In an interview with The Maritime Executive, Peter Kant, executive vice president for Rapiscan Systems informed that the primary business of a port is serving as a hub for water-borne commerce and all of the logistics that entails, with each port competing for the business of shippers and container operators. Every investment made by a port authority, from a crane to a dredge to a security checkpoint, must be based on how this activity will not only position the port to current customers, but how it will affect the attraction of future customers.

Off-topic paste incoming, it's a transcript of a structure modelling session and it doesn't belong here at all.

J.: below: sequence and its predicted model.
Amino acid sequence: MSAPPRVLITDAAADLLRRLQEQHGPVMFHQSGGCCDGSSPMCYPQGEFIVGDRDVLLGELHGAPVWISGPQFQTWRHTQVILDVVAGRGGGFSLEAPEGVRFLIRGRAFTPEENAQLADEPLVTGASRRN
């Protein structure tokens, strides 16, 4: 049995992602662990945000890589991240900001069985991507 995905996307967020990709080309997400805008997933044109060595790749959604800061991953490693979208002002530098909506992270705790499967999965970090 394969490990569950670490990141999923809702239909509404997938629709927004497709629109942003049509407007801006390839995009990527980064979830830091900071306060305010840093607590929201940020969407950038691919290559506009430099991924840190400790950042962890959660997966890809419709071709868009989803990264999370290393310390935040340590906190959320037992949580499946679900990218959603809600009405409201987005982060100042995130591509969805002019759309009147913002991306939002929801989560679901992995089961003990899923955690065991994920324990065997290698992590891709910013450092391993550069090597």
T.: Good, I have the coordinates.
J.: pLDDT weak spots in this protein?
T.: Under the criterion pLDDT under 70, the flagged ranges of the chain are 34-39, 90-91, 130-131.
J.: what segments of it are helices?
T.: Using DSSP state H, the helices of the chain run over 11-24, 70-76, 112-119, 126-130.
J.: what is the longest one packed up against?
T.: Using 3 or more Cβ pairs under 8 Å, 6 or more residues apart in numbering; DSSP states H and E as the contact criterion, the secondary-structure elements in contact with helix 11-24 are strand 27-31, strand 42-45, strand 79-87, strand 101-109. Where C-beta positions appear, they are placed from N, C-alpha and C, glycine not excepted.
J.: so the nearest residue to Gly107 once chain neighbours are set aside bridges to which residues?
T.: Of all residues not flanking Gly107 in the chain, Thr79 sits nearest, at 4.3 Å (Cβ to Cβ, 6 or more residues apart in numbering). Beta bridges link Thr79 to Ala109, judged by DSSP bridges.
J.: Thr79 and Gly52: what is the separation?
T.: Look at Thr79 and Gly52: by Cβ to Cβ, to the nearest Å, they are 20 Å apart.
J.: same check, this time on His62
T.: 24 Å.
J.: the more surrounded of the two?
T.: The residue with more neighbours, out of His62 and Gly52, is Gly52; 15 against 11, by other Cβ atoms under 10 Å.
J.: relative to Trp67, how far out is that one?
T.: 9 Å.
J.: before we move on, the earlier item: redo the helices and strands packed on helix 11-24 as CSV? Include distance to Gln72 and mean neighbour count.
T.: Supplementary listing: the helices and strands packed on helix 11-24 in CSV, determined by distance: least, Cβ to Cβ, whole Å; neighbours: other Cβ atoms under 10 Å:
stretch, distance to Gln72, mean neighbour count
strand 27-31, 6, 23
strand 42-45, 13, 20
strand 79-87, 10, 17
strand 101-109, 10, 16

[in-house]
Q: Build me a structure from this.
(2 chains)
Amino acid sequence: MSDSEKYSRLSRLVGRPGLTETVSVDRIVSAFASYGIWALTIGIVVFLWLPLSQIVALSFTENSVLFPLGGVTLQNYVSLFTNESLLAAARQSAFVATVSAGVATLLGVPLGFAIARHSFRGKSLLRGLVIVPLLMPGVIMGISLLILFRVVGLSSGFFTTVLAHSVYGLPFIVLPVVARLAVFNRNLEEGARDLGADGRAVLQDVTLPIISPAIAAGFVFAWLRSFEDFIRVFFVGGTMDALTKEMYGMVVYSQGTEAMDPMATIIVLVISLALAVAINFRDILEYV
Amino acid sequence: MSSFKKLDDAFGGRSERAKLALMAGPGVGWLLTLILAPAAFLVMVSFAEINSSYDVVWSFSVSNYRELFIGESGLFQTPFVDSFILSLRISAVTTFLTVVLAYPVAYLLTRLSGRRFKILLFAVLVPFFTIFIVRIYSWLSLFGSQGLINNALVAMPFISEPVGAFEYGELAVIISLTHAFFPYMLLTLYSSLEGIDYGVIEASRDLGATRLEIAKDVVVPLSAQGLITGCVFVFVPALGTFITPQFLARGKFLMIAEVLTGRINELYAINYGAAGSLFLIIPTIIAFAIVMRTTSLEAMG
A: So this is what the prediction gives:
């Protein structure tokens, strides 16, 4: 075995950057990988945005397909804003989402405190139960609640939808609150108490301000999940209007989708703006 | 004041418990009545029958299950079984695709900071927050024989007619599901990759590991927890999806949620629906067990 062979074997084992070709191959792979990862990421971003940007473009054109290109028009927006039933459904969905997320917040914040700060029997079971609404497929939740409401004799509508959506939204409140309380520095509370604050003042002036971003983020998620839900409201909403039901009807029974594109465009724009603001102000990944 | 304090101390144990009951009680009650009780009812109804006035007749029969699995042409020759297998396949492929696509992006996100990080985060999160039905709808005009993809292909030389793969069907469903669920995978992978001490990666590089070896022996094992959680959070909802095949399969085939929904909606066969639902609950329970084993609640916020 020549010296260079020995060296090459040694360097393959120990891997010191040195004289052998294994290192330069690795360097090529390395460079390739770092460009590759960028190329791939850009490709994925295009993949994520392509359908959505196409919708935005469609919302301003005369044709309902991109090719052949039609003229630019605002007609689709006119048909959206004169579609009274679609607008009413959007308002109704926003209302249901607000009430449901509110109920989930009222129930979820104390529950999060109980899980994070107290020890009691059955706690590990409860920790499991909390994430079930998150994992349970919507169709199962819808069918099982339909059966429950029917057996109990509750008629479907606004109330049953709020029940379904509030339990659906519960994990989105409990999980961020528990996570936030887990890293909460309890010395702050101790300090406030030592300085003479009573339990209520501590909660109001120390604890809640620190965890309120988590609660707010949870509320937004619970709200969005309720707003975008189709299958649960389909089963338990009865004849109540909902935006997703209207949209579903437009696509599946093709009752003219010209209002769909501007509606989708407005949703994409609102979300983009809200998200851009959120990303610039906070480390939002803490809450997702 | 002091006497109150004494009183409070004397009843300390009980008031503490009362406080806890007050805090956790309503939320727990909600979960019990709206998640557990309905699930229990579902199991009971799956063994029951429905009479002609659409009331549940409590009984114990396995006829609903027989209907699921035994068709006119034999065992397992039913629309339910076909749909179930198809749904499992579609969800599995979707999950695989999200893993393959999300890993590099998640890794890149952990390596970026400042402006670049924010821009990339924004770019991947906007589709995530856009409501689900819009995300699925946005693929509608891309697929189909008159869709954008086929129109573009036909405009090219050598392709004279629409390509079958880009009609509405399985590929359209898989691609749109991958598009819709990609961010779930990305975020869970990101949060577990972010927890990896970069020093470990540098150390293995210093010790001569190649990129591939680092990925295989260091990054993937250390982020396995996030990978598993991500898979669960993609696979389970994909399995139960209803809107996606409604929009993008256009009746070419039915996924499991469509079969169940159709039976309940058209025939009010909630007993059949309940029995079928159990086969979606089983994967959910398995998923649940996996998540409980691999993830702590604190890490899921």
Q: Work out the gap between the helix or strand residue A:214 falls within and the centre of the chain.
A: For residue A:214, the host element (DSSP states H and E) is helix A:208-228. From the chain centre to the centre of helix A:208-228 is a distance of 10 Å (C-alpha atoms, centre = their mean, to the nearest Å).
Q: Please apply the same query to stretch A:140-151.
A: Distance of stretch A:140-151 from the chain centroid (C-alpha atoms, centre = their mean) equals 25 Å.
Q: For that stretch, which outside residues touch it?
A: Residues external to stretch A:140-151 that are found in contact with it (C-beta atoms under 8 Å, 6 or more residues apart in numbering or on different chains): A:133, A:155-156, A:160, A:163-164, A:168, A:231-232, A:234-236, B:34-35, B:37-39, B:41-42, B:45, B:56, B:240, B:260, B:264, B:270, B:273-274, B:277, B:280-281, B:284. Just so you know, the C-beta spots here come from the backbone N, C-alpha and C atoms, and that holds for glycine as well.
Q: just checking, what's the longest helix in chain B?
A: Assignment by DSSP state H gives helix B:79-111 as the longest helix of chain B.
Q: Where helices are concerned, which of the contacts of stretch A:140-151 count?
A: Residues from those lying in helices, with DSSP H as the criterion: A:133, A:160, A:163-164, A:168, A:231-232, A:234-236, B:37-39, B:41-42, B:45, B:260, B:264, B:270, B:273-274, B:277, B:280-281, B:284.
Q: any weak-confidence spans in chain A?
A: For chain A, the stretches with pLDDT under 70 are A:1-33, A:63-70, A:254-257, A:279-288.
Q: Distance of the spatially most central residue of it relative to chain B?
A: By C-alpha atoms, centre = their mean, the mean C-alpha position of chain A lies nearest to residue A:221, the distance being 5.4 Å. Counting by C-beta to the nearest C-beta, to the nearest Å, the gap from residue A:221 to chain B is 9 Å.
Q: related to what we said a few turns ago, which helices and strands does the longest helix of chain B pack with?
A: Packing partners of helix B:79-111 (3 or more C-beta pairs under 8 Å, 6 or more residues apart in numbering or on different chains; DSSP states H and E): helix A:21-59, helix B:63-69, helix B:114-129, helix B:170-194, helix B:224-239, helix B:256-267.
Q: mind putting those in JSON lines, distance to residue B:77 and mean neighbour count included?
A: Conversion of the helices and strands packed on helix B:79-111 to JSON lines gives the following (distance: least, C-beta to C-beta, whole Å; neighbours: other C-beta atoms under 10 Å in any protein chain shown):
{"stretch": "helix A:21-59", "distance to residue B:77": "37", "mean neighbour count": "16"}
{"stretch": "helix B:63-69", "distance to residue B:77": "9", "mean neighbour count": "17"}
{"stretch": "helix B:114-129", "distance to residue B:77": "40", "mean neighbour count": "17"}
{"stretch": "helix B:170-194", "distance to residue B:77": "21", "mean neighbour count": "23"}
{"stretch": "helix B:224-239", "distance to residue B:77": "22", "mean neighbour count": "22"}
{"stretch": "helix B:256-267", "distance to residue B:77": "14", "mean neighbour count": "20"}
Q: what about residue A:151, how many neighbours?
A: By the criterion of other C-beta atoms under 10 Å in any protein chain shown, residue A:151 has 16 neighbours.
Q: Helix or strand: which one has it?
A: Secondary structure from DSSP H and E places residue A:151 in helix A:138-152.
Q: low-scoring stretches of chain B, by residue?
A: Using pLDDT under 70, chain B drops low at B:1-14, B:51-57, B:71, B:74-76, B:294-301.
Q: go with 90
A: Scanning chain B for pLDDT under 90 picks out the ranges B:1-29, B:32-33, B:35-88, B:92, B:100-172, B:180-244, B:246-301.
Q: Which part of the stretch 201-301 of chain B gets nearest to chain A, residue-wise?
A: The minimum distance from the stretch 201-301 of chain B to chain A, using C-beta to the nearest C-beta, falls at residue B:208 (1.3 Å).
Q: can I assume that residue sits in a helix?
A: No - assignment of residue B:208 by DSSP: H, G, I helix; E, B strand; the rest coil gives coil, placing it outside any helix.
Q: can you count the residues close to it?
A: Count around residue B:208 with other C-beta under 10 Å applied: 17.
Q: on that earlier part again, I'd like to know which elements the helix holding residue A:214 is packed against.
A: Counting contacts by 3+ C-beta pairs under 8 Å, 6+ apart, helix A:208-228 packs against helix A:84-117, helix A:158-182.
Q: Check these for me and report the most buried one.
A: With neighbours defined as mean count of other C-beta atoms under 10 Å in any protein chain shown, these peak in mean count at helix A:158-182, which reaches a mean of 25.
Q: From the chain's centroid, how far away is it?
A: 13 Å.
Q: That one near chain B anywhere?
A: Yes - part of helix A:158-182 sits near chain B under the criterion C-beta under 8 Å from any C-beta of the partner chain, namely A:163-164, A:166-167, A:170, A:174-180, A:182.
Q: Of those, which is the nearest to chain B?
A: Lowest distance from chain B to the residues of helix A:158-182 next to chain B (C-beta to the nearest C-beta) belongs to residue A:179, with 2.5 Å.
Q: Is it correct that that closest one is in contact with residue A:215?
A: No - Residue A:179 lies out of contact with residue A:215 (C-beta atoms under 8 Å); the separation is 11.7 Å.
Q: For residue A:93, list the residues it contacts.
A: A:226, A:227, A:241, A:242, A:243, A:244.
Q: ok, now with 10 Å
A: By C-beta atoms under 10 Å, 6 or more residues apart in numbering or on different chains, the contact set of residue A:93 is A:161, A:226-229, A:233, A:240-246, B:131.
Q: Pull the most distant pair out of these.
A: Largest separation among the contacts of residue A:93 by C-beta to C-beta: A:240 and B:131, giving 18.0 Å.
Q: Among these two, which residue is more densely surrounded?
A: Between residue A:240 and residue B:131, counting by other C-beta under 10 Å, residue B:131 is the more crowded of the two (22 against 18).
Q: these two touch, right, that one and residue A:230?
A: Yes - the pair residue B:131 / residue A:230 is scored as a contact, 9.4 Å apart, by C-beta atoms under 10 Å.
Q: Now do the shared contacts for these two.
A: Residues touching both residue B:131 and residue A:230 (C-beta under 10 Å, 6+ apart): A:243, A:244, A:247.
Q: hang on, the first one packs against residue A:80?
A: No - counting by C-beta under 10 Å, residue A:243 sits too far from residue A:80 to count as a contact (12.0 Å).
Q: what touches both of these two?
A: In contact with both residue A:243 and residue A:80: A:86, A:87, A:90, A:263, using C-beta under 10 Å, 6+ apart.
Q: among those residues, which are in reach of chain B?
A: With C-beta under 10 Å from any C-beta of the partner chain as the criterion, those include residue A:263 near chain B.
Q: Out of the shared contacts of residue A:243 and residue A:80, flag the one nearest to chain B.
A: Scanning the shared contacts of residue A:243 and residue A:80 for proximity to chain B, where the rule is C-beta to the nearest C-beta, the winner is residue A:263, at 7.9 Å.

Increasingly, however, these investments are including more and more security needs, from container scanning equipment to operator training to security architectures. Security, and in particular security screening, is not the core business of a ports authority, but compliance with national and international guidelines demands that certain security standards be met, or losing customers will be the last of a port authority’s worries.
But even though security screening is an absolute necessity, many ports are looking to get out of the security game altogether. But will the departure from security make ports less secure…or could it actually enhance cargo scanning operations?
The Heavy Burden of Screening